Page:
The following cases challenge Trump ballot eligibility.

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Washington, DC — Maine and Colorado both said that former President Donald Trump is not eligible to hold public office. Their decisions were based on a 155-year-old constitutional provision that isn’t used very often these days but is now being used in a growing number of legal challenges across the country that Trump should not be able to run for president again.

challenge Trump's ballot eligibility.

Efforts to stop Trump from running for office under the so-called “insurrection clause” of the Constitution (Section 3 of the 14th Amendment) began just a few months after the attack on the U.S. Capitol on January 6, 2021. At that point, the left advocacy group Free Speech for People wrote to the top election officials in all 50 states and asked them to keep the former president from running for president in 2024.

Because of this, legal challenges to Trump’s status under the measure have been brought in federal and state courts in more than twenty states since then. A little-known Republican presidential candidate named John Anthony Castro filed 26 of these cases. Castro’s cases have been thrown out most of the time, either on his own or by the judges. Lawfare, a website that tracks Section 3 cases for national security, says that cases are still being heard in 14 states.

But in Colorado, a case brought by a group of voters was the first win in the fight against Trump. The state’s highest court ruled that he cannot run for office again.

Secretaries of state in a few other states have said they can’t take Trump off the ticket on their own. But Maine’s secretary of state was the first to do so Thursday night. She said that Trump is not qualified to be president because of how he handled the attack on January 6 and that he should be taken off the primary ticket.

So far, only the challenges in Colorado and Maine have been successful in saying that Trump is not qualified under Section 3. However, the U.S. Supreme Court will probably decide if he can be on the ballot in 2024.

challenge Trump's ballot eligibility.

In these other states, important steps have been made to keep Trump off of their primary ballots:


Not long after the Colorado Supreme Court said that Section 3 means Trump is not eligible to be president, California’s lieutenant governor asked the secretary of state to look into “every legal option” to take Trump off the state’s primary ballot.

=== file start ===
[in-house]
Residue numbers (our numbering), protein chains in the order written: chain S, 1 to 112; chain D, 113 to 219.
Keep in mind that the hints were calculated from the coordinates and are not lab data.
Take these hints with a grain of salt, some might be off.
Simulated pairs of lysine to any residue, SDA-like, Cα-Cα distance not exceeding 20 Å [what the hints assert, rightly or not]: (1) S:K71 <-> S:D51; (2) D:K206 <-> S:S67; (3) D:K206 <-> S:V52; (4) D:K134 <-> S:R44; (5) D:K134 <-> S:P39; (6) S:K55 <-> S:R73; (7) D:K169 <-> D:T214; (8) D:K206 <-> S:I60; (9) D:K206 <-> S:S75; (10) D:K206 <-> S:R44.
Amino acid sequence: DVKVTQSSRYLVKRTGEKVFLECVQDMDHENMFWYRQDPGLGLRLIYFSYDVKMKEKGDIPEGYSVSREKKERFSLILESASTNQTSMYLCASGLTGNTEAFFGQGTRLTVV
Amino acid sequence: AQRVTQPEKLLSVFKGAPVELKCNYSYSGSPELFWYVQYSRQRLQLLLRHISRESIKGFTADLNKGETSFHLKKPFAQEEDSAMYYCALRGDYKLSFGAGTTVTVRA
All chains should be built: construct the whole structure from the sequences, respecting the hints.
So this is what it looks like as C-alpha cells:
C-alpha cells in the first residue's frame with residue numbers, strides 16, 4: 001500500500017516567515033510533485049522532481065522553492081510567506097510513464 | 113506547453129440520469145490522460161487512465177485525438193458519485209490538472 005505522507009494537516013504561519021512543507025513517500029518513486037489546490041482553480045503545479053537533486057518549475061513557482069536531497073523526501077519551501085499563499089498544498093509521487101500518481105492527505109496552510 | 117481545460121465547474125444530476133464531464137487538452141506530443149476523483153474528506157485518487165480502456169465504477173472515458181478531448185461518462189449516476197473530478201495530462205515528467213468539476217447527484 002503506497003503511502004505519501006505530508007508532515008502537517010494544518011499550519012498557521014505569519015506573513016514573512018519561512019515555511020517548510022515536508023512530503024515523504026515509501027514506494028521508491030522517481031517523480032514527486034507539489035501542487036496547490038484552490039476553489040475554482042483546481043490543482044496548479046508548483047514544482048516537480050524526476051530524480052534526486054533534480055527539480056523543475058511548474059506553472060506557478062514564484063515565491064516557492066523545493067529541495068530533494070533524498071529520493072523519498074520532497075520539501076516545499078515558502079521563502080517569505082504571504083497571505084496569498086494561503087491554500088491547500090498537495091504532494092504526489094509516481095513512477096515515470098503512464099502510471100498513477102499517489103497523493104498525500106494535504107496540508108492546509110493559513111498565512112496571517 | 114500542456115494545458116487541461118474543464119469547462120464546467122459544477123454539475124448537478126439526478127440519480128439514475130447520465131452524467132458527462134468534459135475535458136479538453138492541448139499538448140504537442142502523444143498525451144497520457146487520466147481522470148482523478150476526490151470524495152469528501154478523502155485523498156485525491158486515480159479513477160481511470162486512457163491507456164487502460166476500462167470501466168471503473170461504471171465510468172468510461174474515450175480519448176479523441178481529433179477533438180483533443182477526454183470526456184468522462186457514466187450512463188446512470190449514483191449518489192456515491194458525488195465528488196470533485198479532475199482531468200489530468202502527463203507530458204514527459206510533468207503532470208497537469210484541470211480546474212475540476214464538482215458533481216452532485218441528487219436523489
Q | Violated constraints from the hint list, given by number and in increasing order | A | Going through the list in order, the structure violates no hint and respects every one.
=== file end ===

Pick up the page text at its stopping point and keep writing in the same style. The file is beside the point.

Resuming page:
“California must stand on the right side of history,” Lt. Gov. Eleni Kounalakis told Secretary of State Shirley Weber in a letter on December 20. “For the same reasons laid out in Anderson (the Colorado case), California has to decide if Trump is not allowed to run for office in California.” The choice made in Colorado can be used to make a similar decision in our state. The law makes it clear that you have to be 35 years old and not be a rebel.

Weber wrote Kounalakis a letter last week saying that there are “complex legal issues surrounding this matter.” He also said that any decision about whether to put Trump on the primary ballot must “be grounded firmly in the laws and processes in place in California and our Constitution.” Weber and Kounalakis are both Democrats.

Trump’s name will be on the state’s primary ballot because Weber released a verified list of presidential candidates for California’s March 5 primary on Thursday night. The list included Trump.


The Colorado Supreme Court made a historic ruling on Dec. 19: Section 3 of the 14th Amendment says that Trump can’t run for public office again. The court, which was split 4-3, found against Trump on all of the important legal issues it looked at. These included that Section 3 protects the presidency and those who took the presidential oath, that the attack on the Capitol on January 6 was an insurrection, and that Trump “engaged in” insurrection.